Dan Vatterott

Data Scientist

Psychology to Data Science: Part 1

A number of people have asked about moving from a PhD in Psychology/Cognitive Psychology/Cognitive Neuroscience to data science. This blog post is part of a 2-part series where I record my answers to the best and most common questions I’ve heard. Part 2 can be found here.

Before I get started, I want to thank Rick Wolf for providing comments on an earlier version of this post.

This first post is a series of general questions I’ve received. The second post will focus on technical skills required to get a job in data science.

Each header in this post represents a question. Below the header/question I record my response.

Anyone starting this process should know they are starting a marathon. Not a sprint. Making the leap from academia to data science is more than possible, but it takes time and dedication.

Do you think that being a Psychology PhD is a disadvantage?

I think it can be a disadvantage in the job application process. Most people don’t understand how quantitative Psychology is, so psychology grads have to overcome these stereotypes. This doesn’t mean having a Psychology PhD is a disadvantage when it comes to BEING a data scientist. Having a Psychology PhD can be a huge advantage because Psychology PhDs have experience measuring behavior which is 90% of data science. Every company wants to know what their customers are doing and how to change their customers’ behavior. This is literally what Psychology PhDs do, so Psychology PhDs might have the most pertinent experience of any science PhD.

When it is the right time to apply for a boot camp?

(I did the Insight Data Science bootcamp)
Apply when you’re good enough to get a phone screen but not good enough to get a job. Don’t count on a boot camp to give you all the skills. Instead, think of boot camps as polishing your skills.

Here is the game plan I would use:
Send out 3-4 job applications and see if you get any hits. If not, think about how you can improve your resume (see post #2), and go about those improvements. After a few iterations of this, you will start getting invitations to do phone screens. At this stage, a boot camp will be useful.
The boot camps are of varying quality. Ask around to get an idea for which boot camps are better or worse. Also, look into how each boot camp gets paid. If you pay tuition, the boot camp will care less about whether you get a job. If the boot camp gets paid through recruiting fees or collecting tuition from your paychecks, it is more invested in your job.

Should I start a blog?

Yes, I consider this a must (and so do others). It’s a good opportunity to practice data science, and, more importantly, it’s a good opportunity to show off your skills.

Most people (including myself) host their page on github and generate the html with a static site generator. I use octopress, which works great. Most people seem to use pelican. I would recommend pelican because it’s built in Python. I haven’t used it, but a quick google search led me to this tutorial on building a github site with pelican.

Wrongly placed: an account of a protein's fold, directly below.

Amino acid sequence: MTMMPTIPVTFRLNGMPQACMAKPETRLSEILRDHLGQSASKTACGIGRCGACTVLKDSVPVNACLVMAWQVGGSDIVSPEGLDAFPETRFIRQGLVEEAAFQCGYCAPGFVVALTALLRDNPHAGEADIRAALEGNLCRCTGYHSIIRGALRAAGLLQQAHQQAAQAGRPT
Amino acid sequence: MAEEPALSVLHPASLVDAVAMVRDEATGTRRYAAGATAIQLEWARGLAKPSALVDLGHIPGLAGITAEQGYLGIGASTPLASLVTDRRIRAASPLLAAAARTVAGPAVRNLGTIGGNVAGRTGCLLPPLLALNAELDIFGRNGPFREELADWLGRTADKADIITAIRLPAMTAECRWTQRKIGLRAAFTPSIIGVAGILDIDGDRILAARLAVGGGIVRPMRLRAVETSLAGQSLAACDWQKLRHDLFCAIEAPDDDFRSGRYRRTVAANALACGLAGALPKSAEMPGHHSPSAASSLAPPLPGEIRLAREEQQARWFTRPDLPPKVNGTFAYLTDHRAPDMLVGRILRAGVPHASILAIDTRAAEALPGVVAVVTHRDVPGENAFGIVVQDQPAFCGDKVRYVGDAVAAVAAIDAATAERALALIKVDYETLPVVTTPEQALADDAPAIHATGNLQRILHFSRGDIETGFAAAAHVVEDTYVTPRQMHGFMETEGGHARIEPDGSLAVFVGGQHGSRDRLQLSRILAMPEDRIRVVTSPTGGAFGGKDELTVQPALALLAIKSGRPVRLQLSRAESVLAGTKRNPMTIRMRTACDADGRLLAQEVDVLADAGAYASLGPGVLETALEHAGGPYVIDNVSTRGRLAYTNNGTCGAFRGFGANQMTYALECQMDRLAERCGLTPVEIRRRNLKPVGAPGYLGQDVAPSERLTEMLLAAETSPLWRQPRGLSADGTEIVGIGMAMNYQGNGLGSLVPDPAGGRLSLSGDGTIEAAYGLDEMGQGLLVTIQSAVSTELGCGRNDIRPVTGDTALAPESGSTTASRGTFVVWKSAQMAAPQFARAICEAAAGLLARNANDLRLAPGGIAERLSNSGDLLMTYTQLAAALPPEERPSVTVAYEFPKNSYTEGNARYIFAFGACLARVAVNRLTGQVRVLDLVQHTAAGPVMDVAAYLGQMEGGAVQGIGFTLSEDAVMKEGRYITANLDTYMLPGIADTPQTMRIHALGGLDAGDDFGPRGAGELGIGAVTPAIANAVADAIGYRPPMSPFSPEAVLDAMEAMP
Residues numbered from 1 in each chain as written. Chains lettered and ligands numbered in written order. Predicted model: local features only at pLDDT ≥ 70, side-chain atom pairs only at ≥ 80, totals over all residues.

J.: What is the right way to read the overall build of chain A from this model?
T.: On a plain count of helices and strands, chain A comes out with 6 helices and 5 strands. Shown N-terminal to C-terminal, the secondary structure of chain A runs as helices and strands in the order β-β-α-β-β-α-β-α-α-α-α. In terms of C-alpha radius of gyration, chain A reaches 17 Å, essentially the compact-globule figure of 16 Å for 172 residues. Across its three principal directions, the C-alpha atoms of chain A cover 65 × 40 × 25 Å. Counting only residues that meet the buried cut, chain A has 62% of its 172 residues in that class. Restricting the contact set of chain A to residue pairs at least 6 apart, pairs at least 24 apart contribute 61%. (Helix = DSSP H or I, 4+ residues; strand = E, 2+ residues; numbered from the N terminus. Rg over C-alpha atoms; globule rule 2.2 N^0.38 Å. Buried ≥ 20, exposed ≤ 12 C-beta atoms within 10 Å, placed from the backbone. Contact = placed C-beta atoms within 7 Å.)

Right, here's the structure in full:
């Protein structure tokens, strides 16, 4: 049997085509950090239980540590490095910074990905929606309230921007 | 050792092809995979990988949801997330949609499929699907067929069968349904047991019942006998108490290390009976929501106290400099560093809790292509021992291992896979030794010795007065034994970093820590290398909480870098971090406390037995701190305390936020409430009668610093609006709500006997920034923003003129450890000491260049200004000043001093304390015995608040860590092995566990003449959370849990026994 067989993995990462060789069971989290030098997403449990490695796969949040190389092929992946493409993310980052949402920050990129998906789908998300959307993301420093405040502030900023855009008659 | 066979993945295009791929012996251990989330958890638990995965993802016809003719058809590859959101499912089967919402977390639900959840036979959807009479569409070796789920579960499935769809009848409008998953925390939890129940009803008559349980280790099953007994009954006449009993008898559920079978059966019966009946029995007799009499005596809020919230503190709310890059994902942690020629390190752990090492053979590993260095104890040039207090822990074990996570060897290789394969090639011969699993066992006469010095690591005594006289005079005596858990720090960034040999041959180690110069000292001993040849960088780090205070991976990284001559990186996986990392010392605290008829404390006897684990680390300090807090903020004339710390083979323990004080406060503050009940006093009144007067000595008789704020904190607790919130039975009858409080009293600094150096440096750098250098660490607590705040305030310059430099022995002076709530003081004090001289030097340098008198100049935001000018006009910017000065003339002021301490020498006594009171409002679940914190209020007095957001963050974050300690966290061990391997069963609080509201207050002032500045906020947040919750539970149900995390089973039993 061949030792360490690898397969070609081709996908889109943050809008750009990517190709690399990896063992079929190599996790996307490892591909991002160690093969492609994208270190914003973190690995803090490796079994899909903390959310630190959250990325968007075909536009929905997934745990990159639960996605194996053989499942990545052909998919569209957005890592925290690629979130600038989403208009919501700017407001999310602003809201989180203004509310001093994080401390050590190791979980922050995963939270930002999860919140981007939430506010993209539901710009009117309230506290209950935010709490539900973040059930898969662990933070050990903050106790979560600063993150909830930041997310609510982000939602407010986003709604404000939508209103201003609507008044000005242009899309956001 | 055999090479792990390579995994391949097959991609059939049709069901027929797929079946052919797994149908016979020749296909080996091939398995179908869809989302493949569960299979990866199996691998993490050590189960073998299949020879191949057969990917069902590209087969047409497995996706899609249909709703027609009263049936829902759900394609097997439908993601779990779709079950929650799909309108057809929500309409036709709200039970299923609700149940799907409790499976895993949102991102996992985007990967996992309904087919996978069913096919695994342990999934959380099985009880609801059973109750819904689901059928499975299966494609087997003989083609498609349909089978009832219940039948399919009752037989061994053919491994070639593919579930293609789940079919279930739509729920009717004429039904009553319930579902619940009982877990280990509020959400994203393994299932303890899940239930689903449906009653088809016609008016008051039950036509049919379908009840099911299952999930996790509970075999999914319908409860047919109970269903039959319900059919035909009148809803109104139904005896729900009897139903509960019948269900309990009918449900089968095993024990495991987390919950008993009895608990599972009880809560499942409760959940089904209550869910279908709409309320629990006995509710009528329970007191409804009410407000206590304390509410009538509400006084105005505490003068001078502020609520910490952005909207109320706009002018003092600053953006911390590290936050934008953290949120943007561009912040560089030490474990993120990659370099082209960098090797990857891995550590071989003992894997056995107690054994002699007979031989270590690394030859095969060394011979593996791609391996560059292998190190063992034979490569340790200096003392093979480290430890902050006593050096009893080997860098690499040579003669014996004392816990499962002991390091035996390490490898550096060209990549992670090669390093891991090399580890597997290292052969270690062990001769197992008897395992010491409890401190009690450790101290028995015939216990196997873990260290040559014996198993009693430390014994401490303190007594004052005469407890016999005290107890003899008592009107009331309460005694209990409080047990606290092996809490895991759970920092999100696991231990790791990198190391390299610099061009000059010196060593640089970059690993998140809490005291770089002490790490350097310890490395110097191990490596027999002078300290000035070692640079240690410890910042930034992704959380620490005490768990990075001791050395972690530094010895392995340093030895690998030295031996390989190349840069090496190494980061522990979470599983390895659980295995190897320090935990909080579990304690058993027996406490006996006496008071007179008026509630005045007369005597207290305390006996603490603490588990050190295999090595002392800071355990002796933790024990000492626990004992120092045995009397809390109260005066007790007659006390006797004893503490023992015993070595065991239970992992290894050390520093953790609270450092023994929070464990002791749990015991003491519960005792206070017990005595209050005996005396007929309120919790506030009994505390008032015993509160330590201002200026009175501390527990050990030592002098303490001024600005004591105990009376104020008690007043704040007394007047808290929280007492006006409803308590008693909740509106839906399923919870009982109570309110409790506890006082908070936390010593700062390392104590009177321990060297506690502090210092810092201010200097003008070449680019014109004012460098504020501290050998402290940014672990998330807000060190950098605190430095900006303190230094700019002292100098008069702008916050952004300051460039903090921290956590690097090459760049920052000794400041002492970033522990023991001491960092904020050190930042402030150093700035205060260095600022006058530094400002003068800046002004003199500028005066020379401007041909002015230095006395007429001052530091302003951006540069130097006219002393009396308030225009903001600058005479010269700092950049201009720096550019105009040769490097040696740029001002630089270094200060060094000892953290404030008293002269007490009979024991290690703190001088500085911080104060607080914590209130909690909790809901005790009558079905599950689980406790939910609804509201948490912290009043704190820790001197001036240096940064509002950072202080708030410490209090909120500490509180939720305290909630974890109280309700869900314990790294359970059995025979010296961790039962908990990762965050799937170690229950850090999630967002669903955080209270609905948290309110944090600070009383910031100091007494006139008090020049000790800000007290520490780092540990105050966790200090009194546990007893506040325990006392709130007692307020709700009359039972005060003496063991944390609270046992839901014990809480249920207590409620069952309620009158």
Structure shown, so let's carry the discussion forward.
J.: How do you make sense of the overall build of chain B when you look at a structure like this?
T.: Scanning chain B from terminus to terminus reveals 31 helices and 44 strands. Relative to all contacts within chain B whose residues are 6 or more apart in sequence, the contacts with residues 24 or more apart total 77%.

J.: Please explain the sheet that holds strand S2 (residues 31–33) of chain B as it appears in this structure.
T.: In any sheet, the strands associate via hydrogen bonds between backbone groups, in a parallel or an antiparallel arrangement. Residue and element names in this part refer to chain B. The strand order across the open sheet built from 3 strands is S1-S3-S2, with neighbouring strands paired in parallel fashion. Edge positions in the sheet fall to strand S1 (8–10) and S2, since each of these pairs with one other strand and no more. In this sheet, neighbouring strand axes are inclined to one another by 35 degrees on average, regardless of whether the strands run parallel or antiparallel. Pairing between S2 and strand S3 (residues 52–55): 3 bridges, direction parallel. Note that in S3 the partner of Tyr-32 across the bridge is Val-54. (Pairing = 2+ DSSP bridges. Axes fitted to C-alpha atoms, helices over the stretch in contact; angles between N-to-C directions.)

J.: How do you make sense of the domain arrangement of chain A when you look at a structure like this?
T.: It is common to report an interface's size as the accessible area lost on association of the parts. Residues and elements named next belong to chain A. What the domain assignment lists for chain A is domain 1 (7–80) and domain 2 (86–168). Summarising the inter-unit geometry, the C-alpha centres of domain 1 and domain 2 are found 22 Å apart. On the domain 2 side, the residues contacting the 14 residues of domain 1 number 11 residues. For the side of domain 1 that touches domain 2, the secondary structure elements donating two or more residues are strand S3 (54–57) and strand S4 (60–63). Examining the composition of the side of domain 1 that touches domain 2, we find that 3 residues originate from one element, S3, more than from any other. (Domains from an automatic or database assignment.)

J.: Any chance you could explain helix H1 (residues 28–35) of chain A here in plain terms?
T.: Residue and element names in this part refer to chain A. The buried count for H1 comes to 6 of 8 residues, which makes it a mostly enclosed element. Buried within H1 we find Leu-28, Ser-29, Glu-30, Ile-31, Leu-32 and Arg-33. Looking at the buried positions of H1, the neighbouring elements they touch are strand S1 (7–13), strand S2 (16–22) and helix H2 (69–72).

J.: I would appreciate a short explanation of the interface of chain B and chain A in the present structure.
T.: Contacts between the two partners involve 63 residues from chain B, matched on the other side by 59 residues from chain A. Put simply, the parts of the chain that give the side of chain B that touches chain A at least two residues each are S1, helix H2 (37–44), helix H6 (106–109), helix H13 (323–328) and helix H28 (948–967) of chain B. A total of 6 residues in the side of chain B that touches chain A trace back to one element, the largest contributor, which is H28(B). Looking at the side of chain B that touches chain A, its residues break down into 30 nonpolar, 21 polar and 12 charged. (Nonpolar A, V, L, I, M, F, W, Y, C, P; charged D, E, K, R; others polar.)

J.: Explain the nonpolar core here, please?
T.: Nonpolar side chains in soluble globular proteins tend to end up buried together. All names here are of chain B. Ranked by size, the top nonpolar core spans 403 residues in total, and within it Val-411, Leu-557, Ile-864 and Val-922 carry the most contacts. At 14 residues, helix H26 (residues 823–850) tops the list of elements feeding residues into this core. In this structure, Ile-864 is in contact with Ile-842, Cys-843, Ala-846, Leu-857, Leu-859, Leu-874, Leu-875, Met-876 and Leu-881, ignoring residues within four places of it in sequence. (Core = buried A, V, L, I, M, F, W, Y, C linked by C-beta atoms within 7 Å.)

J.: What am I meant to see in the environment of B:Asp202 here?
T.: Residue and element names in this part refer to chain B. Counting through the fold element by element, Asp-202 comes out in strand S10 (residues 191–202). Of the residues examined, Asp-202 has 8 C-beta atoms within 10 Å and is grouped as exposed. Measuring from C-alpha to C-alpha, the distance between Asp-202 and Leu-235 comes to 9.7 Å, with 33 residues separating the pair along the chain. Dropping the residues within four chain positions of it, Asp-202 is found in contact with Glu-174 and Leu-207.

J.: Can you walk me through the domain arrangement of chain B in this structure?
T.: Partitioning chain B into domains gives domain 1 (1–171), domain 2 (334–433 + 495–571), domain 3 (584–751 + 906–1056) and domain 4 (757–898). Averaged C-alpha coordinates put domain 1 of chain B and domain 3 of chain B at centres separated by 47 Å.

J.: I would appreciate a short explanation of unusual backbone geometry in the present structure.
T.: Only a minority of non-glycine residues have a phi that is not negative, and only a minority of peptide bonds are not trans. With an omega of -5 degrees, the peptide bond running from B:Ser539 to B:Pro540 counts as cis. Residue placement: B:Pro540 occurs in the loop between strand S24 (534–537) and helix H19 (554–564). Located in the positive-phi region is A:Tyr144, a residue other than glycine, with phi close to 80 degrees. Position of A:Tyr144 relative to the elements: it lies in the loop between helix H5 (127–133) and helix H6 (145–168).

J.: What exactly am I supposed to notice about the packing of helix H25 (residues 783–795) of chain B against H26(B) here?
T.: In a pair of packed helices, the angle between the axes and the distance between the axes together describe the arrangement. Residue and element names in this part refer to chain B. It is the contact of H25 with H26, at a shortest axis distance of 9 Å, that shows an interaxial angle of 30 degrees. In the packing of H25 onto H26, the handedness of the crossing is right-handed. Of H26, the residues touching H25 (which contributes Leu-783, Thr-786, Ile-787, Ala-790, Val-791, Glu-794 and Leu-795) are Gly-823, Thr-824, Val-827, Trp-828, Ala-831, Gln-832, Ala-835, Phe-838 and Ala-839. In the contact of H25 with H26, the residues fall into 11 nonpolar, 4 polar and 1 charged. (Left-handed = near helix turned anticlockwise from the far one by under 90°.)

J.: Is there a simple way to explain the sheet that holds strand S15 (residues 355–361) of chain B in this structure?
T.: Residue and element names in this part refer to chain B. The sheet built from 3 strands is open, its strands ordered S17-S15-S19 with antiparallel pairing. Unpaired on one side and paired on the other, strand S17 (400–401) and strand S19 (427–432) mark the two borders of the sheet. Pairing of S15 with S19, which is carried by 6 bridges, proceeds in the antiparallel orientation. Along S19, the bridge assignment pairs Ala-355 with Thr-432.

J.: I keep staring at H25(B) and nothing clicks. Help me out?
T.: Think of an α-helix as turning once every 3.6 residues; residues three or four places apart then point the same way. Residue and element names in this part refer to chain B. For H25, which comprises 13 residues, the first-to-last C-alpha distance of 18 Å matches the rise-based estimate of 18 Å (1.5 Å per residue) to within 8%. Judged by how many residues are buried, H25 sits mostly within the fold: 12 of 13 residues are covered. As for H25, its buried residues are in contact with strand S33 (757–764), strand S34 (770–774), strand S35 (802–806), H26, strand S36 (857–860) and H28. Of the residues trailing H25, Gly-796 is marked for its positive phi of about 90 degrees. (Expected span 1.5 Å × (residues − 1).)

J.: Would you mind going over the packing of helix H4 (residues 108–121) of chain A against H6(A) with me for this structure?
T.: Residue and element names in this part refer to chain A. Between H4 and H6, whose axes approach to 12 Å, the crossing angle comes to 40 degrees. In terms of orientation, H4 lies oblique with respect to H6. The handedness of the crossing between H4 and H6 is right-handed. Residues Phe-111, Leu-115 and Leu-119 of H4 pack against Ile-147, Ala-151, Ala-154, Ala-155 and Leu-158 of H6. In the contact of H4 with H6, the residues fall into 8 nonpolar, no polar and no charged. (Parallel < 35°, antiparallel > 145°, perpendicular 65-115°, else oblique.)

I wish I’d sent more of my posts to friends/colleagues. Peer review is always good for a variety of reasons. I’d be more than happy to review posts for anyone reading this blog.

How should I frame what I’ve done in academia on my CV/resume?

First, no one in industry cares about publications. People might notice if the journal is Science/Nature but most will not. Spend a few hours thinking about how to describe your academic accomplishments as technical skills. For example, as a Postdoc, I was on a Neurophysiology project that required writing code to collect, ingest, and transform electrophysiology data. In academia, none of this code mattered. In industry, it’s the only thing that matters. What I built was a data-pipeline, and this is a product many companies desire.

We all have examples like this, but they’re not obvious because academics don’t know what companies want. Think of your data-pipelines, your interactive experiments, your scripted analytics.

Transforming academic work into skills that companies desire will take a bit of creativity (I am happy to help with this), but remember that your goal here is to express how the technical skills you used in academia will apply to what you will do as a data scientist.

Many people (including myself) love to say they can learn fast. While this is an important skill it’s hard to measure and it calls attention to what you do not know. In general, avoid it.

Did you focus on one specific industry?

I think a better question than what industry is what size of team/company you want to work on. At a big company you will have a more specific job with more specific requirements (and probably more depth of knowledge). At a smaller company, you will be expected to have a broader skill set. This matters in terms of what you want in a job and what skills you have. Having industry specific knowledge is awesome, but most academics have never worked in an industry so by definition they don’t have industry specific knowledge. Unfortunately, we just have to punt on this aspect of the job application.

Anything to be wary of?

No matter what your job is, having a good boss is important. If you get a funny feeling about a potential boss in the interview process, don’t take the job.

Some companies are trying to hire data scientists but don’t want to change their company. By this I mean they want their data scientists to work in excel. Excel is a great tool, but it’s not a tool I would want to use every day. If you feel the same way, then keep an eye out for this.